Many people feel motivated to change their eating patterns and live a more healthful life. However, they may feel helpless in finding the measures to promote this healthy lifestyle because of an entire list of self-perceived barriers10. Grocery store tours can be the bridge by providing hands-on experience and information directly to and empowering consumers. They can be reinforced by providing an incentive, such as a gift card for purchasing a healthy item, or two, from the commissary. 

Nutrition education can also be provided more delicately. Shelf tags or labels, such as that labeling high-sodium and high-calorie foods or healthful nutrients such as fiber, can be used to orient store customers towards healthier options11. Results from the research on the use of shelf labels is exciting given, that it has been shown that consumers are more likely to consume products tagged as having beneficial nutrients! 

The local grocery store is being redefined as a center for nutrition education. The growing body of evidence shows that promoting nutrition education in grocery stores can be effective for reducing the burden of diseases such as high blood pressure.12. The methods we have discussed here can also be harnessed for growing bonds within the community.

What have you seen in your grocery store to promote nutrition?


1. Levy DT, Lindblom EN, Fleischer NL, et al. Public Health Effects of Restricting Retail Tobacco Product Displays and Ads. Tob Regul Sci. 2015;1(1):61-75.

2. Rovner AJ, Nansel TR, Wang J, Iannotti RJ. Food Sold in School Vending Machines Is Associated With Overall Student Dietary Intake. J Adolesc Health. 2011;48(1):13-19. doi:10.1016/j.jadohealth.2010.08.021

3. Shi L, van Meijgaard J. Substantial decline in sugar-sweetened beverage consumption among California’s children and adolescents. Int J Gen Med. 2010;3:221-224.

4. Briefel RR, Crepinsek MK, Cabili C, Wilson A, Gleason PM. School Food Environments and Practices Affect Dietary Behaviors of US Public School Children. J Am Diet Assoc. 2009;109(2):S91-S107. doi:10.1016/j.jada.2008.10.059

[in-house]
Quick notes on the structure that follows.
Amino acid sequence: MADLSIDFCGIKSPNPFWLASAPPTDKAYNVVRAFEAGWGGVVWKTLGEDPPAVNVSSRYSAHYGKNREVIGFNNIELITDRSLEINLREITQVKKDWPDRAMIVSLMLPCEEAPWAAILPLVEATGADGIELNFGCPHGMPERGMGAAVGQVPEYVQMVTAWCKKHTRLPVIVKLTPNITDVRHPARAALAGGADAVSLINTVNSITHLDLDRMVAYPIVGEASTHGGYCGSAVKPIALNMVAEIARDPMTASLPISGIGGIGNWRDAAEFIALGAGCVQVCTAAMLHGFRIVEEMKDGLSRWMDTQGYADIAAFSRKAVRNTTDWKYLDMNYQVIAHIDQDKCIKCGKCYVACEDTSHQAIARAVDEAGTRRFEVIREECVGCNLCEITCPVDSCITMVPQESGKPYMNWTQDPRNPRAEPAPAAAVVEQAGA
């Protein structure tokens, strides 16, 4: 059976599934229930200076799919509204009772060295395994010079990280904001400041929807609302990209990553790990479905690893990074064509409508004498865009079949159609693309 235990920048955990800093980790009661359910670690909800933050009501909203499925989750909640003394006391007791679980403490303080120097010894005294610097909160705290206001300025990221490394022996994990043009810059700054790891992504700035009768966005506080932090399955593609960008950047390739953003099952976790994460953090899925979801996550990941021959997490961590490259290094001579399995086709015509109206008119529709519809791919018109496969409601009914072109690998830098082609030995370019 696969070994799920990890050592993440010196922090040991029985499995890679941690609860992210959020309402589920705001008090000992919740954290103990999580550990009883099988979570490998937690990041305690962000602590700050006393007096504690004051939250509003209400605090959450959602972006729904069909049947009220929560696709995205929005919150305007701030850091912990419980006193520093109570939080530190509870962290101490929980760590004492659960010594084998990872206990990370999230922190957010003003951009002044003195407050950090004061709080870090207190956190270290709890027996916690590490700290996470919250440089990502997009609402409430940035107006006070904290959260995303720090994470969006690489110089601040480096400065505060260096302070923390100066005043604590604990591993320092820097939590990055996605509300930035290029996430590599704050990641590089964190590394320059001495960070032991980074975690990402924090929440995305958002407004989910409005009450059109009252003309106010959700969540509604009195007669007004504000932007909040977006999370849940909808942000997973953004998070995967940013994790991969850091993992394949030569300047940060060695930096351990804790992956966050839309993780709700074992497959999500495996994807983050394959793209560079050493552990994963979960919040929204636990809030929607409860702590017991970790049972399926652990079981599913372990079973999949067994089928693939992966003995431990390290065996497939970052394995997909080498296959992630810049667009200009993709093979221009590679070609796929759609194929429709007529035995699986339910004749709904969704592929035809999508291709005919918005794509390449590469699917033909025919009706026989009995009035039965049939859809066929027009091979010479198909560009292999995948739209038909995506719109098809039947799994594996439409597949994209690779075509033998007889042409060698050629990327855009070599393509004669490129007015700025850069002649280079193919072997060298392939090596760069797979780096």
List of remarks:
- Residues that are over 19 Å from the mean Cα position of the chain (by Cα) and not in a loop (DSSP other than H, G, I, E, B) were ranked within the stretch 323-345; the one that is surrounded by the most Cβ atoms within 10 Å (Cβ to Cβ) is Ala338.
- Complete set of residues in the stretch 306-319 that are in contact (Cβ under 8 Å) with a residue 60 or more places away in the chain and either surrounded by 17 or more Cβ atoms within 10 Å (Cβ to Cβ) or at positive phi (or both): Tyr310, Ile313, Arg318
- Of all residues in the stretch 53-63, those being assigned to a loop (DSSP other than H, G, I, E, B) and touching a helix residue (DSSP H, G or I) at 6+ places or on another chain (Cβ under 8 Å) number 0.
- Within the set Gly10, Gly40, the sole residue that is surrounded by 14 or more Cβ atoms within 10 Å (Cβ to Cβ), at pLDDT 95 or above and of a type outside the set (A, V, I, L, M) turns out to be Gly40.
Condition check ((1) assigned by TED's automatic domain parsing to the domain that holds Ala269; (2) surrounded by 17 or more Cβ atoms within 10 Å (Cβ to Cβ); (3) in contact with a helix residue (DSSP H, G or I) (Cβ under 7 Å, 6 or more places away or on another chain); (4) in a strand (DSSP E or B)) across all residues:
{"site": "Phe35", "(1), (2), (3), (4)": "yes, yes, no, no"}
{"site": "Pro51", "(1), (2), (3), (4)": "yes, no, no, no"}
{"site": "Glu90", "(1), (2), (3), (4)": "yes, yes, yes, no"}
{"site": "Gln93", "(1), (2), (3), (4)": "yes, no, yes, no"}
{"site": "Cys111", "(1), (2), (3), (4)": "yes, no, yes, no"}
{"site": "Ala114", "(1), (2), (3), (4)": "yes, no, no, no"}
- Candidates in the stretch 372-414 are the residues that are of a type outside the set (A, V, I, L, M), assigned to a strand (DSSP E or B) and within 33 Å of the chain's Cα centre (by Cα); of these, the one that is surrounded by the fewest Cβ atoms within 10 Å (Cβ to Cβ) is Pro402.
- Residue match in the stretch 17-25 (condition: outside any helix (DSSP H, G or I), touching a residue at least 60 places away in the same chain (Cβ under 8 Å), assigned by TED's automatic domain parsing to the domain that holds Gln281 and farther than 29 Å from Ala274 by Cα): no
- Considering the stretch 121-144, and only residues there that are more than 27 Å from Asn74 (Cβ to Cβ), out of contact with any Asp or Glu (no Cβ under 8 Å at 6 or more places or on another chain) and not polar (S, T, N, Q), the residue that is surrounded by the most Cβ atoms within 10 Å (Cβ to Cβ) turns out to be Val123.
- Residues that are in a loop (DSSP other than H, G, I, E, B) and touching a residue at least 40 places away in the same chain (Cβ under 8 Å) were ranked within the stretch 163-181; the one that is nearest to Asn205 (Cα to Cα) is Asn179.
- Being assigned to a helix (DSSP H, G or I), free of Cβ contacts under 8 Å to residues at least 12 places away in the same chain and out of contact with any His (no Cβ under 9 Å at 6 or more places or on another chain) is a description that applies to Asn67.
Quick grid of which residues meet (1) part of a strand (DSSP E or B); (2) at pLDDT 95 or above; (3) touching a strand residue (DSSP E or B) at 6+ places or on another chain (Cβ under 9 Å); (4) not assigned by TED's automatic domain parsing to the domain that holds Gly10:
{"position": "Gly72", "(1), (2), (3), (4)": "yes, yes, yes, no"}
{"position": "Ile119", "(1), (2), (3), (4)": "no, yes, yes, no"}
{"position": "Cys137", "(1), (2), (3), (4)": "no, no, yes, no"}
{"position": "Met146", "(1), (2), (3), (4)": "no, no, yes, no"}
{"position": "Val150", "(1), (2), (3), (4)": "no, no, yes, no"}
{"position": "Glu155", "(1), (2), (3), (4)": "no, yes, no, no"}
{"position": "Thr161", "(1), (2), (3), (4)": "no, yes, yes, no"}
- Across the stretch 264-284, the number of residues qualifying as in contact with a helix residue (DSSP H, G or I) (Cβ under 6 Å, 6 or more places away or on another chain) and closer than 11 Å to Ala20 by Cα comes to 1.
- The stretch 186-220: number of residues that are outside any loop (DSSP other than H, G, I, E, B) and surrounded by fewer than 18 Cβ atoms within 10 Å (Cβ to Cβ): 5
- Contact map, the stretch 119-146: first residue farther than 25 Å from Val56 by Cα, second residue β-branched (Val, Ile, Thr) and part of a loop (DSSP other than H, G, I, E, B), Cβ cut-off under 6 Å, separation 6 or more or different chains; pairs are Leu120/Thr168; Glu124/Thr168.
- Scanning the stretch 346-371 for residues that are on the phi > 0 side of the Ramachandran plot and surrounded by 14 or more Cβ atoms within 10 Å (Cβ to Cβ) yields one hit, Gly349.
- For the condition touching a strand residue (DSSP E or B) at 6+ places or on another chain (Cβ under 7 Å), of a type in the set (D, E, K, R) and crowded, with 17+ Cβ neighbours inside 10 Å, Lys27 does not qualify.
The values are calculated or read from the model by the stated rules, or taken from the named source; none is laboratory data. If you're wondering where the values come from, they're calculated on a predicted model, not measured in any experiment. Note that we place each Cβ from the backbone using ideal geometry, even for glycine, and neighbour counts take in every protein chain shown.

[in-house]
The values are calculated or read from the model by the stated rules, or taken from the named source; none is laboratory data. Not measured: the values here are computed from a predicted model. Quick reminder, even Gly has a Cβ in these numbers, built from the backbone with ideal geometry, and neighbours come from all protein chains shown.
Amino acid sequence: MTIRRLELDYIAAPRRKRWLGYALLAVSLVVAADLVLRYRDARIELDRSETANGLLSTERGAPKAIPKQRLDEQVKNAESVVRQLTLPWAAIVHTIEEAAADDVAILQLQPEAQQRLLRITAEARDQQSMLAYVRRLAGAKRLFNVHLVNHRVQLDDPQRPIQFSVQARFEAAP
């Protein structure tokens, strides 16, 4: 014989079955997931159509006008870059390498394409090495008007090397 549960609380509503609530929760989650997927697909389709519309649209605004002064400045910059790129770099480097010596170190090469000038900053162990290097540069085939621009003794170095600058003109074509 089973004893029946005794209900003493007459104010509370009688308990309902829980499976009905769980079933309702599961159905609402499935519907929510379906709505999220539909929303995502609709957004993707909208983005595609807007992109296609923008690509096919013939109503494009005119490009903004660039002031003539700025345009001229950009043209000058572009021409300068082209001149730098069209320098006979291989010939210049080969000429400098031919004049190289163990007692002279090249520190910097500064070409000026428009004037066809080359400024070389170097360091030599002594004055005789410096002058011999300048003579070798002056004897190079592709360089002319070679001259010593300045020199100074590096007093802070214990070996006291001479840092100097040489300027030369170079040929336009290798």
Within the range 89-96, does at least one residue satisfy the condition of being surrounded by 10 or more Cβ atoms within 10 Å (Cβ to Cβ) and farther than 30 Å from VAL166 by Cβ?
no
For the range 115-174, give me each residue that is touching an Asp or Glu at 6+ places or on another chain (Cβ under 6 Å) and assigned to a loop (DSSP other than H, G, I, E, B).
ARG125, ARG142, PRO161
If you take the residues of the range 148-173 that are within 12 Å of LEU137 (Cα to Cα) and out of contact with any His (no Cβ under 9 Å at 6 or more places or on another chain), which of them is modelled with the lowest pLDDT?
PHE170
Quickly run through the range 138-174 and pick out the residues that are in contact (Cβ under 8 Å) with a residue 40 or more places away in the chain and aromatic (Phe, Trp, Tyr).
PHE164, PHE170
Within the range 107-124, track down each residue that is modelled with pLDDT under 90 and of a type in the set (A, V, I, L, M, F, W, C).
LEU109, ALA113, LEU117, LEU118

5. Johnson EJ, Shu SB, Dellaert BGC, et al. Beyond nudges: Tools of a choice architecture. Mark Lett. 2012;23(2):487-504. doi:10.1007/s11002-012-9186-1

6. Caspi CE, Lenk K, Pelletier JE, et al. Association between store food environment and customer purchases in small grocery stores, gas-marts, pharmacies and dollar stores. Int J Behav Nutr Phys Act. 2017;14(1):76. doi:10.1186/s12966-017-0531-x

7. Glanz K, Sallis JF, Saelens BE, Frank LD. Healthy Nutrition Environments: Concepts and Measures. Am J Health Promot. 2005;19(5):330-333. doi:10.4278/0890-1171-19.5.330

8. Nikolaus CJ, Muzaffar H, Nickols-Richardson SM. Grocery Store (or Supermarket) Tours as an Effective Nutrition Education Medium: A Systematic Review. J Nutr Educ Behav. 2016;48(8):544-554.e1. doi:10.1016/j.jneb.2016.05.016

9. Thompson KL, Silver C, Pivonka E, Gutschall M, McAnulty L. Fruit- and Vegetable-Focused Grocery Store Tour Training Kit to Promote Peer-on-Peer Nutrition Education Utilizing Nutrition and Dietetics Students. J Nutr Educ Behav. 2015;47(5):472-476.e1. doi:10.1016/j.jneb.2015.04.329

10. Sproesser G, Klusmann V, Schupp HT, Renner B. Comparative optimism about healthy eating. Appetite. 2015;90:212-218. doi:10.1016/j.appet.2015.03.008

11. Pennington JAT, Wisniowski LA, Logan GB. In-store nutrition information programs. J Nutr Educ. 1988;20(1):5-10. doi:10.1016/S0022-3182(88)80287-5

12. Watowicz RP, Wexler RK, Weiss R, Anderson SE, Darragh AR, Taylor CA. Nutrition Counseling for Hypertension Within a Grocery Store: An Example of the Patient-Centered Medical Neighborhood Model. J Nutr Educ Behav. 2019;51(2):129-137.e1. doi:10.1016/j.jneb.2018.11.011